NHS under “intolerable and unsustainable” pressure


Deteriorating pay and conditions alongside increasing workloads has pushed NHS staff to "breaking point"

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Image by Simon Walker / No 10 Downing Street

By Ceri Hughes

The National Health Service has been subject to years of mounting pressure as several factors work cumulatively to push Britain’s healthcare system harder than ever. The key issues facing the NHS are its inability to discharge recovered patients, the increasing number of emergency attendants, the inadequacy of mental health provision, and major understaffing of medical professionals.

These factors have had severe consequences on the quality of patient treatment and the health of our NHS workers. The head of the NHS has warned that the health system is under more ‘extreme pressure’ than it was at the height of the pandemic. The British Medical Association (BMA) claims that the demand on the NHS is intolerable and unsustainable.

As a student nurse at the University of York, India Shearer observes the demanding and emotionally exhausting environment and states that the “People working within the NHS are at breaking point”. India further claims that the rising number of patients waiting to be discharged has turned the corridors into a temporary emergency department.

On 15 December 2022, Britain witnessed a major walkout of nurses. The Royal College of Nursing declared that further industrial action will take place in February. NHS providers have expressed concern over the strikes and have urged the government and unions to begin negotiations. The strikes have proved disruptive and exacerbate the existing pressure that bears down on Britain’s health system. The cost-of-living crisis and below-inflation pay awards have led to wide-scale frustration among nurses, and industrial action is symptomatic of a stressed work-force.

Nouse spoke to Dr Mike Parker, Associate Professor of Emergency Nursing at the University of York, who explained the effect this will have on Student nurses, “There will be extra pressure on students, working in demanding conditions without the full team”. Dr Parker was clear that nursing students will still be under supervision by a qualified nurse but warns that “learning during a time of national strike will not be as fruitful”.

An increasing shortfall of medical professionals, particularly nurses and doctors, has had hazardous effects. The NHS faces the largest staffing catastrophe in its 74-year history, and patients risk waiting up to 24 hours for emergency care. Concerns surrounding staffing continue to grow as nursing applications to UCAS drop 25 percent nationally. This presents an issue for the NHS since university nursing students are part of the government’s workforce planning.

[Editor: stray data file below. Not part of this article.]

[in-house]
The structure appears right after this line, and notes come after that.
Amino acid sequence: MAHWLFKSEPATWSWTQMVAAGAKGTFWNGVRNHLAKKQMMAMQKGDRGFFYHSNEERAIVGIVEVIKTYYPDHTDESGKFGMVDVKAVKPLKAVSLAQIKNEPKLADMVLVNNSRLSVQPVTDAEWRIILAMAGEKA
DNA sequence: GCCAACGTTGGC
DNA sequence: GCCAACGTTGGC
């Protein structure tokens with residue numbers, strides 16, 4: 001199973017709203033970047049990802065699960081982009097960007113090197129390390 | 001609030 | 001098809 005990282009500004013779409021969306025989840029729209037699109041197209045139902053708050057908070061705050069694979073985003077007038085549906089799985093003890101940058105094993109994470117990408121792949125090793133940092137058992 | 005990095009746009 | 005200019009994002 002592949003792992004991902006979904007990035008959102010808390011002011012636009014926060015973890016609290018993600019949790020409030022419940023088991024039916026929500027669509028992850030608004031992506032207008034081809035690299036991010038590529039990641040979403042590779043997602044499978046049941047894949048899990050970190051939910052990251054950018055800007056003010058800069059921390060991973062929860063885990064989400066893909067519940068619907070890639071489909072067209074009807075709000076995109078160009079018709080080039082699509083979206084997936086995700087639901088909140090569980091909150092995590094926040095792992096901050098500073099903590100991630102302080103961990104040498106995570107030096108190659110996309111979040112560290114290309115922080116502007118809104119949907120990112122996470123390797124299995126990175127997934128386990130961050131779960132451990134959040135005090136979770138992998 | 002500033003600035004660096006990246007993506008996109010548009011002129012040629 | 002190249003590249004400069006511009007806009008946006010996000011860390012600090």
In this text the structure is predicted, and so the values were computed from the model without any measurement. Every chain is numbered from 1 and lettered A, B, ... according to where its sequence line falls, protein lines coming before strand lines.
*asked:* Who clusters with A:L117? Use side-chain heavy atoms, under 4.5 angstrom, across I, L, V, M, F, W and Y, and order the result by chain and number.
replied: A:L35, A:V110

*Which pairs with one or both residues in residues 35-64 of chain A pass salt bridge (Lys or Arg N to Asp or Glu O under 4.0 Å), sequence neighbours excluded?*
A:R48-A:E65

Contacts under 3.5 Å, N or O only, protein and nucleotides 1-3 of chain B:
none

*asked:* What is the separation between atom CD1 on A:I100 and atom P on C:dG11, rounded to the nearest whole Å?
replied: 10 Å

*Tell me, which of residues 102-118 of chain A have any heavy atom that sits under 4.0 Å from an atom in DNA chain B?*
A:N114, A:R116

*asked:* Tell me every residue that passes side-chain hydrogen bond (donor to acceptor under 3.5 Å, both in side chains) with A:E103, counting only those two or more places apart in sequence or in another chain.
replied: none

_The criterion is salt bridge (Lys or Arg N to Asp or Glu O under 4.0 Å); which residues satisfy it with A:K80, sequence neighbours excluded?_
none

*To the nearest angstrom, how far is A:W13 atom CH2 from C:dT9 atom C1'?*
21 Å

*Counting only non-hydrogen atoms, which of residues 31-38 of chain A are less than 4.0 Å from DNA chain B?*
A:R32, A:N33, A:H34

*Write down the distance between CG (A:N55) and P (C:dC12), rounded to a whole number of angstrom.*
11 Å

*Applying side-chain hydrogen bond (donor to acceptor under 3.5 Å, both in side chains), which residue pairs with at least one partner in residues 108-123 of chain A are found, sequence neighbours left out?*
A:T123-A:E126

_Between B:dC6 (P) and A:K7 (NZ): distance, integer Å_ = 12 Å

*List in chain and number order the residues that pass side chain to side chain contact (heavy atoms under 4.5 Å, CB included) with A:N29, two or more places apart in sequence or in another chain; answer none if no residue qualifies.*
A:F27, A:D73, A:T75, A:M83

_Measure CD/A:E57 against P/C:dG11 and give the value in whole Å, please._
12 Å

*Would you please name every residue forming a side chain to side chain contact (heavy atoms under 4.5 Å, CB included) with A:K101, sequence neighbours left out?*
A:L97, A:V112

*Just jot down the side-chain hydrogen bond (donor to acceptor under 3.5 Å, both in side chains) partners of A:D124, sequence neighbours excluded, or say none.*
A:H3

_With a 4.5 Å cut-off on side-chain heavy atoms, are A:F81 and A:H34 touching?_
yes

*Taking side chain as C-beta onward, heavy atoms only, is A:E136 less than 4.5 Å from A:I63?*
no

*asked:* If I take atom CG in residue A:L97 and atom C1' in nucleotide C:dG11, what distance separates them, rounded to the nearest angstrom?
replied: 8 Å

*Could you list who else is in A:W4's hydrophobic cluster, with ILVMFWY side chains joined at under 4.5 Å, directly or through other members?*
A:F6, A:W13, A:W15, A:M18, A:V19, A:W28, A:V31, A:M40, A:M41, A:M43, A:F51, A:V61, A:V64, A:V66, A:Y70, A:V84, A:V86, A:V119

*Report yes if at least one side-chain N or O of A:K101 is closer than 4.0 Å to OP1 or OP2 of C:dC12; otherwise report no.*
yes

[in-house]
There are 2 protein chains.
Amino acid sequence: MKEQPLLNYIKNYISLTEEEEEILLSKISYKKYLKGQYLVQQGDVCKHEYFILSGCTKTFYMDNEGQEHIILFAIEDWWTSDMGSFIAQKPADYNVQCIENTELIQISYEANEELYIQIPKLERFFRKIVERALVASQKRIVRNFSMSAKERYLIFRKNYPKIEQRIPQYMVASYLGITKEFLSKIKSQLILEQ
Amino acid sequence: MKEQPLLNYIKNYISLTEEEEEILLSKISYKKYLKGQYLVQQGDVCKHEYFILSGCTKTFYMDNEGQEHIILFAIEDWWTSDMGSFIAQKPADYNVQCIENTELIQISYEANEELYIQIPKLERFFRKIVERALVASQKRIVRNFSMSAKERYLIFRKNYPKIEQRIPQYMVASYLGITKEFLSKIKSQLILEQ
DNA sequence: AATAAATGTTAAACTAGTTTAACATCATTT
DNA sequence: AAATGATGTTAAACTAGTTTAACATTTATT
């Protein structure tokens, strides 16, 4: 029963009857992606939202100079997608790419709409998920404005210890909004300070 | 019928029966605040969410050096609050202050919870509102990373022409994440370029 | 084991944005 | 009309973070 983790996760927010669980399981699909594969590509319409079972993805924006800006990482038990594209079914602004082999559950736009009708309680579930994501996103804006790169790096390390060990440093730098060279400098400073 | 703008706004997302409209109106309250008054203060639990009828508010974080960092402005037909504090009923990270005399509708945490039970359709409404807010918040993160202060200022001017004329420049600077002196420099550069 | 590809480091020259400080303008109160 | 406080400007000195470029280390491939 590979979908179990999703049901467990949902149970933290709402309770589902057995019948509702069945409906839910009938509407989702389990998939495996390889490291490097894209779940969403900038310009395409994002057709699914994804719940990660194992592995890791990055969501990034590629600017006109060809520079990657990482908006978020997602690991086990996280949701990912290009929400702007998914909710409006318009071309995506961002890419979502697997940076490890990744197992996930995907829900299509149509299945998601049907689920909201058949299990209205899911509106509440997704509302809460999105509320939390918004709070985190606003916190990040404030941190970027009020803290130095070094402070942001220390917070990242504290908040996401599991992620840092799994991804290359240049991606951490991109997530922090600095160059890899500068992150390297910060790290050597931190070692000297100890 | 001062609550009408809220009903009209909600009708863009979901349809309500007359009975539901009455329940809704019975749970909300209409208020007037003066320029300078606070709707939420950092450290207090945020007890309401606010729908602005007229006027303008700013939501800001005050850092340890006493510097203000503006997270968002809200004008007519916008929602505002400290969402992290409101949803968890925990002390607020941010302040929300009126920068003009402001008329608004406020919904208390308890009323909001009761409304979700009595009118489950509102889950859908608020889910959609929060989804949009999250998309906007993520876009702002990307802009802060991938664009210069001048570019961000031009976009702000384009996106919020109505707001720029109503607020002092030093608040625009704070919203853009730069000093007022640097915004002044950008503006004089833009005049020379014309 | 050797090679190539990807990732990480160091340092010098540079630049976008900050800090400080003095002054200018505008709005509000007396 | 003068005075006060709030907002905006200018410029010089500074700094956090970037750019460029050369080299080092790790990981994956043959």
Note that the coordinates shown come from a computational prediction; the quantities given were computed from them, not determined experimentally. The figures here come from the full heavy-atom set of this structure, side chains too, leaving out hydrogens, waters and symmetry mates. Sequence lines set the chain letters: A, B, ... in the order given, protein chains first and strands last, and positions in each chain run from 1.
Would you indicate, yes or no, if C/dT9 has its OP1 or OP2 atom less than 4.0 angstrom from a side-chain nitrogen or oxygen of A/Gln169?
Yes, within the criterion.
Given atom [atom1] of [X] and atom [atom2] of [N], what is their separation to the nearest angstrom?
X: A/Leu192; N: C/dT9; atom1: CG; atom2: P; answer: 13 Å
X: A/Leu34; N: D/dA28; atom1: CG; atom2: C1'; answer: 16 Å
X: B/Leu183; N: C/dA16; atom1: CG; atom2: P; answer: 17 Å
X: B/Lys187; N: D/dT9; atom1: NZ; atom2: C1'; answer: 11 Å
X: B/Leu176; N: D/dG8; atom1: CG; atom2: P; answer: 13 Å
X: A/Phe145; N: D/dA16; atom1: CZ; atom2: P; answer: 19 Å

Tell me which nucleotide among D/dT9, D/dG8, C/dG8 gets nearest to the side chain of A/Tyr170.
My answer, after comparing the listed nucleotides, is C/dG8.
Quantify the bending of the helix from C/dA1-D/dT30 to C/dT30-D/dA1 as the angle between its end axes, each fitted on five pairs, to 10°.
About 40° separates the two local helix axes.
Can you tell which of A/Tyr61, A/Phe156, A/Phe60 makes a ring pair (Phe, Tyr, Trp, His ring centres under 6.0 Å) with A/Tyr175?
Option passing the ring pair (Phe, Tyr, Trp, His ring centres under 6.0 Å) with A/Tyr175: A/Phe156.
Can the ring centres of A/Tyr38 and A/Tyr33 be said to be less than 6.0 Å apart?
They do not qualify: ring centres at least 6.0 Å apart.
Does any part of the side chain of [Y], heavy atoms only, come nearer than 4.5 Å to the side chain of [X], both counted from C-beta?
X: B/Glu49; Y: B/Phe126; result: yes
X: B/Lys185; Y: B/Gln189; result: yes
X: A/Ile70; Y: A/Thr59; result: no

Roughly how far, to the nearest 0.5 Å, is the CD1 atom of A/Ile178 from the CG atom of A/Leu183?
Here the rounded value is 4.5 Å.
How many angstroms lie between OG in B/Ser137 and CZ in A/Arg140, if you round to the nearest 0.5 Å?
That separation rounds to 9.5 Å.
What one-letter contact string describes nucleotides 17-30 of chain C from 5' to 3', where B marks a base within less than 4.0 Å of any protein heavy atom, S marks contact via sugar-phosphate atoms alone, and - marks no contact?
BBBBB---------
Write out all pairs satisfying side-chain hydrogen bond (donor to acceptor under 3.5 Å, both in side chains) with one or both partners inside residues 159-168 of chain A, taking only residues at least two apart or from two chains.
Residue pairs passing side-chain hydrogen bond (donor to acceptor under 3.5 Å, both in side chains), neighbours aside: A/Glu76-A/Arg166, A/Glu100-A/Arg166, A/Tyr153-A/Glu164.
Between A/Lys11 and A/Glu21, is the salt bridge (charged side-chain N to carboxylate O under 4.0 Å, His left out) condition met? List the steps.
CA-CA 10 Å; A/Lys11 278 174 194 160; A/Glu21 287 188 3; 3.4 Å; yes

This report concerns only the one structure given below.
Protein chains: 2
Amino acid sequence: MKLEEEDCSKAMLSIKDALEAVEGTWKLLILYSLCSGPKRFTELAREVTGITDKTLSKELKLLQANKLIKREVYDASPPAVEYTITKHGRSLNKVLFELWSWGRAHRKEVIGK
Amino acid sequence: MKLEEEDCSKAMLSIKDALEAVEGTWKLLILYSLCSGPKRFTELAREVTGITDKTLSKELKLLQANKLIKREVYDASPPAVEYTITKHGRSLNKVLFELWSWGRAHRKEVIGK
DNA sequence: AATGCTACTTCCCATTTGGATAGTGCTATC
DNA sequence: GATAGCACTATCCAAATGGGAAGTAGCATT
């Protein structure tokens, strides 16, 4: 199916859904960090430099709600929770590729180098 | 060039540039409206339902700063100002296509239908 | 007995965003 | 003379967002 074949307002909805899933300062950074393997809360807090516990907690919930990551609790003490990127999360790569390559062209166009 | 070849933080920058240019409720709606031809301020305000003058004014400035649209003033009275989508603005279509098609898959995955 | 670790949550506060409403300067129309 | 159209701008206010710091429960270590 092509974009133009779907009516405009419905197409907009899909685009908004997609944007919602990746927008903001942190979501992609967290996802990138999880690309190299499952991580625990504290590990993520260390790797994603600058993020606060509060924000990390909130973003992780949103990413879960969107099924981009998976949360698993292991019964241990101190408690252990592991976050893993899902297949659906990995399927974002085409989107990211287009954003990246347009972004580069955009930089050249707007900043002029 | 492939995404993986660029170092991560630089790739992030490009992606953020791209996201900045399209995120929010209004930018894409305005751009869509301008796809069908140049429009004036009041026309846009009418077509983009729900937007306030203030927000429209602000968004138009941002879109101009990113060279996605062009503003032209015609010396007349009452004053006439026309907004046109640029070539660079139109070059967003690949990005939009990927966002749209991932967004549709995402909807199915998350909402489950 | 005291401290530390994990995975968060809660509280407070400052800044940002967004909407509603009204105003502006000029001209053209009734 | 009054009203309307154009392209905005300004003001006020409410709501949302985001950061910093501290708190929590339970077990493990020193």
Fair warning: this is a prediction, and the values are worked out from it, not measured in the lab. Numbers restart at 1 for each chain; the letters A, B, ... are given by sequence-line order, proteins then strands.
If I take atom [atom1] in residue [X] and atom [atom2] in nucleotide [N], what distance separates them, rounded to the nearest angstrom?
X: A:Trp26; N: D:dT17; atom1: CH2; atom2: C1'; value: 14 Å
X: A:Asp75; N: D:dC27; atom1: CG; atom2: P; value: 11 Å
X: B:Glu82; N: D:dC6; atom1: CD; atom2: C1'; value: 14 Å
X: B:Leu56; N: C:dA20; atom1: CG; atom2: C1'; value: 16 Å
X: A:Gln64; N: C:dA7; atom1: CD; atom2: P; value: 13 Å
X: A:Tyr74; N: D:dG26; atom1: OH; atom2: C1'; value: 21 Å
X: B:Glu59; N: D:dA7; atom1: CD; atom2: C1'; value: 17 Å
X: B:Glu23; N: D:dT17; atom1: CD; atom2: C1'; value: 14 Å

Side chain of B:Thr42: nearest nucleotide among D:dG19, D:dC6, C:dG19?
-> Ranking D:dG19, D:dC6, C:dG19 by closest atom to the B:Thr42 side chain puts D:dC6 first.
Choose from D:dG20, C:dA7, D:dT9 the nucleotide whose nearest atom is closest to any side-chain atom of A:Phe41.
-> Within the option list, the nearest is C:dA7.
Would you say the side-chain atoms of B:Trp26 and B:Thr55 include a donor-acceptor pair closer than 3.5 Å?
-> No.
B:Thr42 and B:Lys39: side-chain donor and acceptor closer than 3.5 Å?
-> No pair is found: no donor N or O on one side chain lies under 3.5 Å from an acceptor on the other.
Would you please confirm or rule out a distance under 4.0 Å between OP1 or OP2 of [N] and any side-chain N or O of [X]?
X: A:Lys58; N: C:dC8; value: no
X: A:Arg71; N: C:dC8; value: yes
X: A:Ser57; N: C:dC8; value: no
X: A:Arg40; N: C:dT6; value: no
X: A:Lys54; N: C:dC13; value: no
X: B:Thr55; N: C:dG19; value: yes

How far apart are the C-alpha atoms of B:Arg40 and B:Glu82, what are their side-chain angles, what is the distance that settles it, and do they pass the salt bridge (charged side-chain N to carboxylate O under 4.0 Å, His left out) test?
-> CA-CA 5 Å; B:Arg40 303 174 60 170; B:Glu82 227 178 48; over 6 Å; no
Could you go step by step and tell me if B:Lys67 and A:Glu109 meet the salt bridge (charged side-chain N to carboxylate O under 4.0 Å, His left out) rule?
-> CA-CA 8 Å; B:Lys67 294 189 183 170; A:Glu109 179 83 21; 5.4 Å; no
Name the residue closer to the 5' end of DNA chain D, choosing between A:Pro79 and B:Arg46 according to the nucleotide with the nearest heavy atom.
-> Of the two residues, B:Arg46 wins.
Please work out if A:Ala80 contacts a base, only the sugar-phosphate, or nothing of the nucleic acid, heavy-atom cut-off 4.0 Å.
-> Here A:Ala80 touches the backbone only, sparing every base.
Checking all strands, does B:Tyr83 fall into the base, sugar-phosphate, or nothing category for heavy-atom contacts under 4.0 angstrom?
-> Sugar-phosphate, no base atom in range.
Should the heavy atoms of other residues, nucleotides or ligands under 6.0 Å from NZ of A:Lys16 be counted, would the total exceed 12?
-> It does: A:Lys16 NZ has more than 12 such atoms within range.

The BMA has declared that the number of doctors per 1,000 people is insufficient, with an average doctor-to-patient ratio of 2.9 for every 1,000. This falls below the OECD EU average of 3.7.

The NHS is existing in the spectre of Covid-19, already severely over-stretched from the damage of the pandemic. The BMA states the condition of the health system has led to poor retention of NHS staff as mental health issues have become the highest reported cause of employee loss.

University professionals have raised concerns following Downing Street’s failure to rule out using student nurses to ease staff shortages. Dr Parker, comments on this, “Students attend hospital placement as a learning experience, they are not qualified with the knowledge and expertise to look after patients.” Dr Parker was adamant that students should not ‘back-fill’ a registrant work-force, claiming that is not in the “public interest”.

In York, pressure on emergency departments has required extraordinary action. There have been more than 1,000 people attending the emergency department a day. Stephen Eames, the Chief Executive of the Humber and North Yorkshire Health and Care Partnership (HCP) responds to this by stating “we are working together, as partners in health and care, across the Humber and North Yorkshire to address some of the key challenges in our system.” Eames commits to prioritise a recruitment drive across health and social care and extra discharge rounds to ensure patients are not in the hospital any longer than necessary.

The York and Scarborough Teaching Hospitals NHS Foundation Trust has received positive responses despite the demanding environment. An anonymous neurology patient left a rewarding review stating, “I saw a team that was under an immense workload and pressure, however, the professionalism, respect, and compassion shown towards patients in this busy department was exemplary”.

India further expanded on the toll NHS pressure is having on student nurses like herself. “We are burnt out. Working 12 hours in the hospital wards under the current circumstances is exhausting. Staff shortages are pushing students into situations that we are underqualified for.” Dr Parker commends student nurses for their “sterling job” and says they ought to be highly rewarded. He urges nursing students or any medics to reach out for support if they are struggling in these critical times.